Justin Verlander has been shelved with a lat injury. If he has to miss any time, it will be a big problem for the Houston Astros.
It’s been a bad enough offseason for the Houston Astros, dealing with the fallout of their sign-stealing scandal. Now, they are faced with the possibility of losing their ace pitcher, right-hander Justin Verlander, to a lat sprain. It appears that, at the very least, he won’t be ready for Opening Day.
Though most projections have the Astros at or near the top of the American League West again in 2020, the losses of both Gerrit Cole and Wade Miley to free agency this past offseason has left Houston with an already thin starting rotation behind Verlander and Zack Greinke. If the Astros lose Verlander for any length of time to start the season, it will be a severe blow.
Verlander’s injury is actually similar to the one that he suffered in 2015. That year, while with the Detroit Tigers, he suffered the injury in spring training and had to miss more than two months, not making his season debut until June 13. In his first nine starts after coming back, taking him into the first week of August, Verlander went 1-4 with a 5.05 ERA while his team went 1-8 in those games. Verlander finished 5-8, one of only two times his whole career that he’s finished with a losing record.
If what happened then is any indication, this could be a more severe injury than Astros management is leading us to believe. Add to that the fact that Verlander is five years older — now 37, among the oldest starting pitchers in the league — and it’s hard to envision Verlander not missing some significant time.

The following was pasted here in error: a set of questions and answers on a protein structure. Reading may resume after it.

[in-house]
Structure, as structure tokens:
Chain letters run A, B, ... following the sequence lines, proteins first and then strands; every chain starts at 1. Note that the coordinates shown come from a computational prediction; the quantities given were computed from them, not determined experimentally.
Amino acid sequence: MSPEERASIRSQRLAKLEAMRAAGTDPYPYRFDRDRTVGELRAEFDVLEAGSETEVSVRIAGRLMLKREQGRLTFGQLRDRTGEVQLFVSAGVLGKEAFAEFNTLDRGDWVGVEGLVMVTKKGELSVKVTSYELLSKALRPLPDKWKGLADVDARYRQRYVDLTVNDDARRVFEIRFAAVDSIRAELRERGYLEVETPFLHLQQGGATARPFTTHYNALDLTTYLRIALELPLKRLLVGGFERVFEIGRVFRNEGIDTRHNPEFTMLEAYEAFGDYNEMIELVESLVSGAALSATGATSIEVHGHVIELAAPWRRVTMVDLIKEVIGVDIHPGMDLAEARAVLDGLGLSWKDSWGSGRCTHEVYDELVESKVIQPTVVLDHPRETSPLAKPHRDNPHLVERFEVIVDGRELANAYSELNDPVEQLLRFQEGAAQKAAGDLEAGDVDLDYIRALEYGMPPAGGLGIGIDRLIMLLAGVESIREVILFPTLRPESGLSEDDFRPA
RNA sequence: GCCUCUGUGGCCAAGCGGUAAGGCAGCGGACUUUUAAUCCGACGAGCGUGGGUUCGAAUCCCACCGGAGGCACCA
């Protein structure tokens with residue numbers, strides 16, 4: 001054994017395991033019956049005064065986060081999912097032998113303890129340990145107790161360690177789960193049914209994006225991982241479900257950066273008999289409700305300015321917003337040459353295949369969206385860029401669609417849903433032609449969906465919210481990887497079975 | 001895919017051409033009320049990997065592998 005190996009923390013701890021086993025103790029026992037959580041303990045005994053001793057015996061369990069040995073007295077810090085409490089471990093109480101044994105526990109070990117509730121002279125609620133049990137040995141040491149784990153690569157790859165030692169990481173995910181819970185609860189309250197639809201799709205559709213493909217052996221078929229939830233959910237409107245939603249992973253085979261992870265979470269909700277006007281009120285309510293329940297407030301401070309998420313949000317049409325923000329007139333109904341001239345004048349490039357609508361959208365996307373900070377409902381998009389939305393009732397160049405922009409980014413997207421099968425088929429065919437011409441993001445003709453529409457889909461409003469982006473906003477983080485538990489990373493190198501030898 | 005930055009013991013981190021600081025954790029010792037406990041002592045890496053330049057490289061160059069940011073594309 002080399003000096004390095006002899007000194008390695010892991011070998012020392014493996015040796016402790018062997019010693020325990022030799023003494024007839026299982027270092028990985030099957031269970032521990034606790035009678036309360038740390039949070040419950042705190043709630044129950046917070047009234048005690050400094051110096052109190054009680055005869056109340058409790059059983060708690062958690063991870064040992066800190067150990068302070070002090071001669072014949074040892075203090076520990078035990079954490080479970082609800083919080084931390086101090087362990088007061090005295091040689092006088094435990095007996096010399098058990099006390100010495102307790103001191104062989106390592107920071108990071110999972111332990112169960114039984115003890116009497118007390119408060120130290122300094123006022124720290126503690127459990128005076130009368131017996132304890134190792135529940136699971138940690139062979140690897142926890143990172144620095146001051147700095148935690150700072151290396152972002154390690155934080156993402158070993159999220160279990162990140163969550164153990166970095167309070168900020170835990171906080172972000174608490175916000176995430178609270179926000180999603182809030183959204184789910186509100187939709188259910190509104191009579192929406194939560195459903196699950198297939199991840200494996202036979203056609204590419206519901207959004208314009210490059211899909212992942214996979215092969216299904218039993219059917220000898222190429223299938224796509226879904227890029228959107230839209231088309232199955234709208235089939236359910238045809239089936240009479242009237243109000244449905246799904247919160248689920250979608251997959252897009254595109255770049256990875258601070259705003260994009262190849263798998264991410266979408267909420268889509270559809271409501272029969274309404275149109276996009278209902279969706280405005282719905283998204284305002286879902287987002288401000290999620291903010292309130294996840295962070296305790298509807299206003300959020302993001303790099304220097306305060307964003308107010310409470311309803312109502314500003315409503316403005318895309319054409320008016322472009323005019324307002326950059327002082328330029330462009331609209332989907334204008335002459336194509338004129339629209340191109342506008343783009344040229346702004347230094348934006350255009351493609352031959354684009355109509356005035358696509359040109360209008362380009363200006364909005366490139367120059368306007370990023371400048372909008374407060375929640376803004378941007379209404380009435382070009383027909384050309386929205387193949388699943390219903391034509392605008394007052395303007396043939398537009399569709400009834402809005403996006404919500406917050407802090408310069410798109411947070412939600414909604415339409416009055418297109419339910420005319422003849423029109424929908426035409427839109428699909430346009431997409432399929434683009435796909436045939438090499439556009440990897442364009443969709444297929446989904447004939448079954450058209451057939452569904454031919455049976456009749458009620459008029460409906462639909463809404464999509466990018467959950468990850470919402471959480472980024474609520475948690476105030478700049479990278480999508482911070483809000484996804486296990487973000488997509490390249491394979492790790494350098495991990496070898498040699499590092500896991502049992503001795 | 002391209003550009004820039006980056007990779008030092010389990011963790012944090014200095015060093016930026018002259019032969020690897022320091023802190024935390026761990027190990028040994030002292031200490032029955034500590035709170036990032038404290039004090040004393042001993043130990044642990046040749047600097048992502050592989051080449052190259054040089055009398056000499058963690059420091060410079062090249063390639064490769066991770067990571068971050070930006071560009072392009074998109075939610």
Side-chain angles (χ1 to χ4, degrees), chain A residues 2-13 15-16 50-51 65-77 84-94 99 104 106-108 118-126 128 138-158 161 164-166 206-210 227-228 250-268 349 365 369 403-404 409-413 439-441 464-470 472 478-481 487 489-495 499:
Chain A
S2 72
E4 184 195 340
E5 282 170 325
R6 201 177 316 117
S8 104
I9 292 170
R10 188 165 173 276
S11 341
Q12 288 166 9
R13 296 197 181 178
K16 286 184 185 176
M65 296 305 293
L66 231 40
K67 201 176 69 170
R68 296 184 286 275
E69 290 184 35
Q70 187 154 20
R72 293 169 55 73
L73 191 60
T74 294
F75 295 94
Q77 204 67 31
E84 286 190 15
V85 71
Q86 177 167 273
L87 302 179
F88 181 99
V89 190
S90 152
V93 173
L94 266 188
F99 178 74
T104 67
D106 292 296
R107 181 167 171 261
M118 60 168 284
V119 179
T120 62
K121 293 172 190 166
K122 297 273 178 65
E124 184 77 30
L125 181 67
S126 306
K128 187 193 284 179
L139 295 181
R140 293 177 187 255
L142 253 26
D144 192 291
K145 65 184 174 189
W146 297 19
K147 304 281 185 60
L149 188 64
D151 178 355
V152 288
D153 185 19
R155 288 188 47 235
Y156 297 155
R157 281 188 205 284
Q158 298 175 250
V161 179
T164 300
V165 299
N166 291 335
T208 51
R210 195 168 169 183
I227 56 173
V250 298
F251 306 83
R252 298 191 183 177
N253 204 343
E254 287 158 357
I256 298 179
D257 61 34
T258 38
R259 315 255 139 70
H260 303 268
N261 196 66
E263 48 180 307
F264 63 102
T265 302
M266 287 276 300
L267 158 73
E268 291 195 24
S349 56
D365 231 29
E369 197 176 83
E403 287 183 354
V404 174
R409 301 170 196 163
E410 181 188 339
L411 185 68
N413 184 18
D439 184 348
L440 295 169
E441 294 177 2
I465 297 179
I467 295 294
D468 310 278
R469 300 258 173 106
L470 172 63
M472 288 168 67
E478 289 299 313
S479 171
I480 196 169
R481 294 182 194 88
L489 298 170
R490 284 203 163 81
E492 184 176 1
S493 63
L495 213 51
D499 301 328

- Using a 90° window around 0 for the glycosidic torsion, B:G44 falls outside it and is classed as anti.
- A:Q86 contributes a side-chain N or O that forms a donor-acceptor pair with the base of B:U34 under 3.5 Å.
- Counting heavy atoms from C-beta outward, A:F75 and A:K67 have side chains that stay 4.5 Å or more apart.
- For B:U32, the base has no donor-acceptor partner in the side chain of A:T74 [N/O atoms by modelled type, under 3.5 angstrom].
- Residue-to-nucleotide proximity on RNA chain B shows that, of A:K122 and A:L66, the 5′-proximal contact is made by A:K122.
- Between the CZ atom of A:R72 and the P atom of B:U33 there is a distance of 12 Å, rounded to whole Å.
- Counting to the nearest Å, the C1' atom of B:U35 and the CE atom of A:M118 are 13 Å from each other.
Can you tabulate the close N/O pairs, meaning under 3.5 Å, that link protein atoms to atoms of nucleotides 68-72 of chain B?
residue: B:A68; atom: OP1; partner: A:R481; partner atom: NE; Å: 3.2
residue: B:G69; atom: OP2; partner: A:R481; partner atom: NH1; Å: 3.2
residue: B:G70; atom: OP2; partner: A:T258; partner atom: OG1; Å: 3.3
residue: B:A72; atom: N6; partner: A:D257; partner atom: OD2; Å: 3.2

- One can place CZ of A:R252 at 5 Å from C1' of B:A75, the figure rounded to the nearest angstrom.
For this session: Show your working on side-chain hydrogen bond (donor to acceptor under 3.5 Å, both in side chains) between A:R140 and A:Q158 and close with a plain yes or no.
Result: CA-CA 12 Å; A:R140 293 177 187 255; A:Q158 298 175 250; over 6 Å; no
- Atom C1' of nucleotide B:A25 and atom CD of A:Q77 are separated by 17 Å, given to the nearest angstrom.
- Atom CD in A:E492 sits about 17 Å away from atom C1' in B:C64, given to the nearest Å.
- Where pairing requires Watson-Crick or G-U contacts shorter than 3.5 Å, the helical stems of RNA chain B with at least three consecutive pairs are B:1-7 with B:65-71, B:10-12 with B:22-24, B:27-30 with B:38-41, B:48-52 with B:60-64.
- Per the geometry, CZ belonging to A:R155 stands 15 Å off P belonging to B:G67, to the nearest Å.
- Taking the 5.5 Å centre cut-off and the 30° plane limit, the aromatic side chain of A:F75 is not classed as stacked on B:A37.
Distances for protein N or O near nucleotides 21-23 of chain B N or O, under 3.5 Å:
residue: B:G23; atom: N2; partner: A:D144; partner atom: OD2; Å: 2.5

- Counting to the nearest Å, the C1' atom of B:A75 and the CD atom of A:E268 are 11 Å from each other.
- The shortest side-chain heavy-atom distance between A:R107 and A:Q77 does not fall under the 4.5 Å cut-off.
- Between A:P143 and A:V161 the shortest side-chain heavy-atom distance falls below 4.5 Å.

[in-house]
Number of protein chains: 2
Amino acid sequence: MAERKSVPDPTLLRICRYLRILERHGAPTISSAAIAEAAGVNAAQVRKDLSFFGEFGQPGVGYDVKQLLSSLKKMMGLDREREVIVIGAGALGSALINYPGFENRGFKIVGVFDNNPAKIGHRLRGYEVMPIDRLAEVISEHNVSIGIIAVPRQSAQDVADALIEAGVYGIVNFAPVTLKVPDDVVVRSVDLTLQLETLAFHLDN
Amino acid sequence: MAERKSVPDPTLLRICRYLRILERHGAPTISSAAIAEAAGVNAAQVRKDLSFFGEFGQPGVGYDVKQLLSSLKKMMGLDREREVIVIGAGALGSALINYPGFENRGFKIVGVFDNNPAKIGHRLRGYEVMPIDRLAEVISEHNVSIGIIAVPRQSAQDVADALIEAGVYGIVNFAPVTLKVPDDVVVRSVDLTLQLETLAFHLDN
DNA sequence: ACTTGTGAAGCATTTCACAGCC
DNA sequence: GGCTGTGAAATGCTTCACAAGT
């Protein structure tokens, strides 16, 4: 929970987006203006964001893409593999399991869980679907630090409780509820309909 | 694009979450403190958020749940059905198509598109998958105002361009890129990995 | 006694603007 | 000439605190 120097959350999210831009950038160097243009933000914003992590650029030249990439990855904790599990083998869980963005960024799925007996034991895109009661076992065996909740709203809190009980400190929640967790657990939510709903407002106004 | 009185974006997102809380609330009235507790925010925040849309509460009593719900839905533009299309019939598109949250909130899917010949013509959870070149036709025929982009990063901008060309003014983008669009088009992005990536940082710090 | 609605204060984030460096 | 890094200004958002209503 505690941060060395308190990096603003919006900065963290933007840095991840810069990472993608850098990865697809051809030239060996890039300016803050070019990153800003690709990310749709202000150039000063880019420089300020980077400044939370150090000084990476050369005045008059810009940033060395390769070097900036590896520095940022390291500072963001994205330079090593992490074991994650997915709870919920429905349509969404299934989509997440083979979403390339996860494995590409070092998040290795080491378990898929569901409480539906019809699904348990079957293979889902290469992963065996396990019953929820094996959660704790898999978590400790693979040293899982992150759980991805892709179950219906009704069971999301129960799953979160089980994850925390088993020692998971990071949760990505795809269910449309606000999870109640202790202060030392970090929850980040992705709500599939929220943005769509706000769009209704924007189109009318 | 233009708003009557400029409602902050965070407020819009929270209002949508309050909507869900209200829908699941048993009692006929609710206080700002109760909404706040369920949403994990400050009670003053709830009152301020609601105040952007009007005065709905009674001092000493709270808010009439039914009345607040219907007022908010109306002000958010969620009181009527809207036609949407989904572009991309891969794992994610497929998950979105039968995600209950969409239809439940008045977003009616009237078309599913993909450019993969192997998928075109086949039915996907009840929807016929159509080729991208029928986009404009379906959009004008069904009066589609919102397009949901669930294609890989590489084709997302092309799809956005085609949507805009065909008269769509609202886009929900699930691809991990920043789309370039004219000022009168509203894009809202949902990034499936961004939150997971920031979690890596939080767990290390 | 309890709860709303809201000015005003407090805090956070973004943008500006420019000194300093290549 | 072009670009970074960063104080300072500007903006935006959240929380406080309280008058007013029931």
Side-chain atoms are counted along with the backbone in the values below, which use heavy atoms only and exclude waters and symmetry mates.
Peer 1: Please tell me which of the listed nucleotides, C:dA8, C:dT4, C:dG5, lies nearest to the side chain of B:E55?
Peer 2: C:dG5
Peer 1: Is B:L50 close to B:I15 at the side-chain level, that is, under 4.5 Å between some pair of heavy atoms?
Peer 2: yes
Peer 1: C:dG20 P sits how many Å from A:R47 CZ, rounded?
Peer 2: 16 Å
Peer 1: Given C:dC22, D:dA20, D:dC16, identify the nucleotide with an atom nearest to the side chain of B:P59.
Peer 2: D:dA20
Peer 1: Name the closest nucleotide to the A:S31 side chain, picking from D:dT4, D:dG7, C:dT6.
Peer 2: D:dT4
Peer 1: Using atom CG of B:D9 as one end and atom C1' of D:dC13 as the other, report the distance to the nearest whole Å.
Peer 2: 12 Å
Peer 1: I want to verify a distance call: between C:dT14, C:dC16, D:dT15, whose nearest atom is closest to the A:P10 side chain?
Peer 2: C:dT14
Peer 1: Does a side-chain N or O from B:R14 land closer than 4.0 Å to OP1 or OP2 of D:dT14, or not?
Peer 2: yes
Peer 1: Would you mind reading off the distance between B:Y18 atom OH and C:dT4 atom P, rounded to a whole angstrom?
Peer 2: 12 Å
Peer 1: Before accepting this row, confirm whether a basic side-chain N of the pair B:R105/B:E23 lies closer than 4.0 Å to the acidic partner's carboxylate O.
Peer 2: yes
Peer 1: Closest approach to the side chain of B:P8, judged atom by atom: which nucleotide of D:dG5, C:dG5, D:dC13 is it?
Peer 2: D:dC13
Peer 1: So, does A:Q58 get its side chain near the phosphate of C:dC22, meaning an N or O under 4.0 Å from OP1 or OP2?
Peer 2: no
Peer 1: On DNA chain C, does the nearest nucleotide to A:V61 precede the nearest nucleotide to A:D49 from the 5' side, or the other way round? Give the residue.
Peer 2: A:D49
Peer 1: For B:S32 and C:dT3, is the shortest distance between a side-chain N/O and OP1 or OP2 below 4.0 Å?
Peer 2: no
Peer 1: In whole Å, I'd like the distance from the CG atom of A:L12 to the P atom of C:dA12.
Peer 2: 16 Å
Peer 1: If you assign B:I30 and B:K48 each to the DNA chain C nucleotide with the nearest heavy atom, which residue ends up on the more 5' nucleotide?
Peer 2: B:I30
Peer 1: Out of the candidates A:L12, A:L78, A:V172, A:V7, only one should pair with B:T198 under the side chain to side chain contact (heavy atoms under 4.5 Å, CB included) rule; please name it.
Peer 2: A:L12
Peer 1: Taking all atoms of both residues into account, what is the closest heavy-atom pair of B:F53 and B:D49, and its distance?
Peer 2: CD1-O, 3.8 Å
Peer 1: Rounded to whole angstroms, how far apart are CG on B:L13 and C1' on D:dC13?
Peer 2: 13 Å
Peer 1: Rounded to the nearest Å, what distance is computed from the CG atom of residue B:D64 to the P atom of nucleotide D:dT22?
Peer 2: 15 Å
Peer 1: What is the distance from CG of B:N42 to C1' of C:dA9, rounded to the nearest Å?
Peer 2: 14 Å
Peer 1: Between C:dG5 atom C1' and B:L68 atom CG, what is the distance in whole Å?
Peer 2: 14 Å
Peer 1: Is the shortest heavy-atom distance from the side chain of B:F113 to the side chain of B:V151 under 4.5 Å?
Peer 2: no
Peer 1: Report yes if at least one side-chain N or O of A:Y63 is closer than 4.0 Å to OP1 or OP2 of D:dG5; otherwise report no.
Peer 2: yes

Verlander’s absence would leave a huge hole in the Astros’ starting rotation. After Greinke, Lance McCullers Jr. — who missed all of 2019 — and Jose Urquidy are next in line, with Austin Pruitt, Framber Valdez, and Josh James competing for what now may be two starting slots instead of one. It’s not exactly a rotation to get excited about.
Verlander’s potential early-season absence could become even more significant when we look at the Astros’ early season schedule. Of the team’s first 28 games, ten are against the Los Angeles Angels and six are against the Oakland Athletics, the two teams that figure to be the biggest challengers to the Astros in their quest to defend their AL West crown. Verlander would be especially missed in those critical early-season contests.
While the Astros still have a solid club overall, especially with several star players on offense, an injury to Justin Verlander would greatly test the team’s depth on the mound. With the A’s still strong and the Angels figuring to be improved, Houston can’t afford to lose Verlander for significant amount of time. Hopefully, for them, it won’t be as bad as it was in 2015.